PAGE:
A few years ago, I was at a polling place here in Indiana where a long line of people stood waiting to vote. A woman recognized me and called me over. “Why is it,” she asked, “that you politicians make it so hard and inconvenient to vote?”
I thought of this the other day when I read the news reports about presidents Trump and Putin meeting and jestingly accusing one another of election meddling. The background, of course, is the pressing issue of Russian interference in US elections. American voters take elections seriously enough to stand in line – for hours, sometimes – to cast a ballot. And here were the two presidents making light of attempts to subvert the voices of ordinary people. I’d expect nothing less from Putin, but from an American president?
The sad truth is, Russian meddling isn’t our only election problem. We’ve got an archaic registration process, restrictive voting practices, voting systems bedeviled by outdated technology, inadequate budgets for the voting infrastructure, and an entire nation’s worth of overloaded local elections staff. There are robust efforts afoot, by many people and groups, to suppress -- not encourage – votes; much effort in this country goes into keeping some groups of people from having a say in the conduct of their government.
It’s also distressingly common to find officials who are uninterested in promoting a fair and convenient vote, but instead are looking for ways to manipulate the system so that their preferences emerge from the voting. Too few of them believe in Abraham Lincoln’s formulation at Gettysburg: “government of the people, by the people, for the people.” They define “people” so as to exclude voters they don’t like.
So let’s remember: the ballot is the foundation of our democracy. It’s our best way to gauge the public’s will. If we fail to get the ballot box right, then our democracy fails.
Elections are not the sum total of “democracy.” An independent judiciary, an informed public, institutions such as schools, labor unions, business groups, and the news media… all are necessary as well. Democracy is a hugely complex phenomenon. But at its heart is one thing: the vote.
We’ve come a long way on this front. The Founders thought that rule by the people was tantamount to anarchy. So they restricted the vote early on to white males who owned property. In a sense, our history as a nation has been written in terms of extending the franchise to more and more people.
But that’s not the only requirement. Over time, I’ve come to look at a good election not so much in terms of who wins or loses – liberal or conservative, Republican or Democrat – but in terms of the process, and whether it was fair and democratic. Sure, I’m disappointed sometimes in the results of voters’ decisions at the ballot box. But I’m always reminded that our system is designed with the capacity to correct errors. In a lot of ways, we’ll be strongest as a country not by means of a strong military or a strong economy, butwhen our battle cry is, “Let the people vote!”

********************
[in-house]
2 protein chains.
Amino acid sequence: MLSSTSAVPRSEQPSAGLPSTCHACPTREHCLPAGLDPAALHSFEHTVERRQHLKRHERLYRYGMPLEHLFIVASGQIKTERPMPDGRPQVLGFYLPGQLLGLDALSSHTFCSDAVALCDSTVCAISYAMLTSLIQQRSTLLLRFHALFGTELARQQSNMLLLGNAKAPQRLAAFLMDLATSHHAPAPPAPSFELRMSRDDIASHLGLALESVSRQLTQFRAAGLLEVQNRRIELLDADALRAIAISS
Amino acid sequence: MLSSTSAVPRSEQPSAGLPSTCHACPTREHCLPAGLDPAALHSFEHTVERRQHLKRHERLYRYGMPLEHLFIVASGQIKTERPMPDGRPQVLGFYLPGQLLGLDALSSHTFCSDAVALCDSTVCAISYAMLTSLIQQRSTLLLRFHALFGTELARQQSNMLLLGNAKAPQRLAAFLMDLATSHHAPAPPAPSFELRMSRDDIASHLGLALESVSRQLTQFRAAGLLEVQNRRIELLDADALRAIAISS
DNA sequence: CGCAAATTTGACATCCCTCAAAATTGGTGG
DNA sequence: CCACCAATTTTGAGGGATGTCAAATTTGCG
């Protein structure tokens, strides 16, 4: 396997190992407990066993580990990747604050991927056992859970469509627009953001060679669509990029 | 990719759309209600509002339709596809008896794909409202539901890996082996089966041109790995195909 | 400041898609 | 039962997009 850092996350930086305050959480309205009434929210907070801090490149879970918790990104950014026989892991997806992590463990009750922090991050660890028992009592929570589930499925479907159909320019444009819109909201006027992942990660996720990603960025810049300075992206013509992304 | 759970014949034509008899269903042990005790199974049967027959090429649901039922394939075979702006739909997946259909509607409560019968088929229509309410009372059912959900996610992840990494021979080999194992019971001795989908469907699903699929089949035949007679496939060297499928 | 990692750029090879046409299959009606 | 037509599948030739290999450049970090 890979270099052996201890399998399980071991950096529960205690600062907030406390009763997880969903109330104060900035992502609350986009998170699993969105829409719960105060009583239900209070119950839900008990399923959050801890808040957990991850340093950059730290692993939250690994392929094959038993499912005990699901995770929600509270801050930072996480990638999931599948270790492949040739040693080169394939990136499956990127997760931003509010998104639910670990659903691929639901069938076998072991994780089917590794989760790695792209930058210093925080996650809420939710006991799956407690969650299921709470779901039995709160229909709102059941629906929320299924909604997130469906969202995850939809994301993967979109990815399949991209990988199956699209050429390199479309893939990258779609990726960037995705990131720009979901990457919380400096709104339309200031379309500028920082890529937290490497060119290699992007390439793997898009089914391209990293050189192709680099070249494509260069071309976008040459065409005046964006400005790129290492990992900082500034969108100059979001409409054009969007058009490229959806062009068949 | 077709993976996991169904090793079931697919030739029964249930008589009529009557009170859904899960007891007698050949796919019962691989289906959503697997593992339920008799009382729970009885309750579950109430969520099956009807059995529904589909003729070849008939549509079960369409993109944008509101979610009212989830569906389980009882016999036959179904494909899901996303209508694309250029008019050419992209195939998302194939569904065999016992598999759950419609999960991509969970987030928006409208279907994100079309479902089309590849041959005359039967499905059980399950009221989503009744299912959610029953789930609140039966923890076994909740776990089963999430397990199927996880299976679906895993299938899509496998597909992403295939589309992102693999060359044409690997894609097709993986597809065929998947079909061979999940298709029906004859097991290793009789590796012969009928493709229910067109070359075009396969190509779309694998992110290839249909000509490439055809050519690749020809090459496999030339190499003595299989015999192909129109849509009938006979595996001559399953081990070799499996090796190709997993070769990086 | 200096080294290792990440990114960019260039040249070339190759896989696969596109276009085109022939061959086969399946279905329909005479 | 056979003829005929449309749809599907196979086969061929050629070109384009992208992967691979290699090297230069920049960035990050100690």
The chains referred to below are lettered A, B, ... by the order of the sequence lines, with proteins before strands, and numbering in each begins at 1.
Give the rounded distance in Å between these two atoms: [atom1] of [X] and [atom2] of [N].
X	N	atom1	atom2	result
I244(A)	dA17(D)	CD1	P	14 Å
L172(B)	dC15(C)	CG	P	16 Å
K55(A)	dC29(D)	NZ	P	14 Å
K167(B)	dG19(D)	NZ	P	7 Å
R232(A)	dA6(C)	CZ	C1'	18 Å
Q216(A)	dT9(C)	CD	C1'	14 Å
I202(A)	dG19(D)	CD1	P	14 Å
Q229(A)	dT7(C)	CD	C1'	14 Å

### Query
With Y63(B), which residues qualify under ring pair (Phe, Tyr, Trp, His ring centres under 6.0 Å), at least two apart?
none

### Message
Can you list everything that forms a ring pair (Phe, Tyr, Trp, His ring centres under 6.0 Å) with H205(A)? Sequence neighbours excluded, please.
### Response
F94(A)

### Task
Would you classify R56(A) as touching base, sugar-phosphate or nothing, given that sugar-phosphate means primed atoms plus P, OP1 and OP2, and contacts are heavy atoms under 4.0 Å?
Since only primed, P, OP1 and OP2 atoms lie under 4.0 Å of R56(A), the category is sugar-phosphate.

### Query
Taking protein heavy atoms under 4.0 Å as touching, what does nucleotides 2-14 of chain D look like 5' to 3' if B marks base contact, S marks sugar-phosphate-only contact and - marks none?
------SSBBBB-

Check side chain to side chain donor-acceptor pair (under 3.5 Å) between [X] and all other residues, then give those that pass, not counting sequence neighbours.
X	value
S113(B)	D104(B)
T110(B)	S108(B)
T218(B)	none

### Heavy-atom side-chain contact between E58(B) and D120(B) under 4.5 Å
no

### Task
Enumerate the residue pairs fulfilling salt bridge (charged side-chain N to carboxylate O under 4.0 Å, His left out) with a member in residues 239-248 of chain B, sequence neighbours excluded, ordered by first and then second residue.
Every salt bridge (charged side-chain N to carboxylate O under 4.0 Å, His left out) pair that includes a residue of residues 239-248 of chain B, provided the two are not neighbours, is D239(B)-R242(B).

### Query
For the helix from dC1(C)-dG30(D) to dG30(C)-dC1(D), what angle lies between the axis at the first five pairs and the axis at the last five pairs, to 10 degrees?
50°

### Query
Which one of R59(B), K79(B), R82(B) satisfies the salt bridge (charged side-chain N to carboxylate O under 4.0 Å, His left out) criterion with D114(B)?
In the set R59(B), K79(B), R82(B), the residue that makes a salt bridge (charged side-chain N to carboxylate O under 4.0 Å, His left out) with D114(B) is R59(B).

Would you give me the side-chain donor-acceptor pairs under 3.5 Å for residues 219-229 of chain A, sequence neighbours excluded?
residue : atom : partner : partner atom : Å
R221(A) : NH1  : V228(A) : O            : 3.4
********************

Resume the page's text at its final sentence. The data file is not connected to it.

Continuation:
If you look across the state and local landscape, you’ll find efforts to make voting more accessible and more verifiable that offer hope in the midst of voter suppression and election meddling. But these need to be a national aspiration that’s pursued at every level: to protect voting infrastructure, provide a paper trail for every vote, ensure adequate resources for the conduct of elections, and vow to ensure that state and local elections systems are run fairly, on behalf of everyone who’s entitled to vote. Our governments have to work constantly at what that woman in line wanted to see: making voting accessible and convenient.Yes, we need to protect the integrity of the vote. But we also need to make it a positive civic experience, not a burden.
Elections have consequences. The winners get political power that enables them to change the course of history. Our chief way to have a say in this is to vote in every election, every time, for every office. Let’s make sure we can, and that when we do, our vote matters.
Lee Hamilton is a Senior Advisor for the Indiana University Center on Representative Government; a Distinguished Scholar at the IU Hamilton Lugar School of Global and International Studies; and a Professor of Practice at the IU O’Neill School of Public and Environmental Affairs. He was a member of the U.S. House of Representatives for 34 years.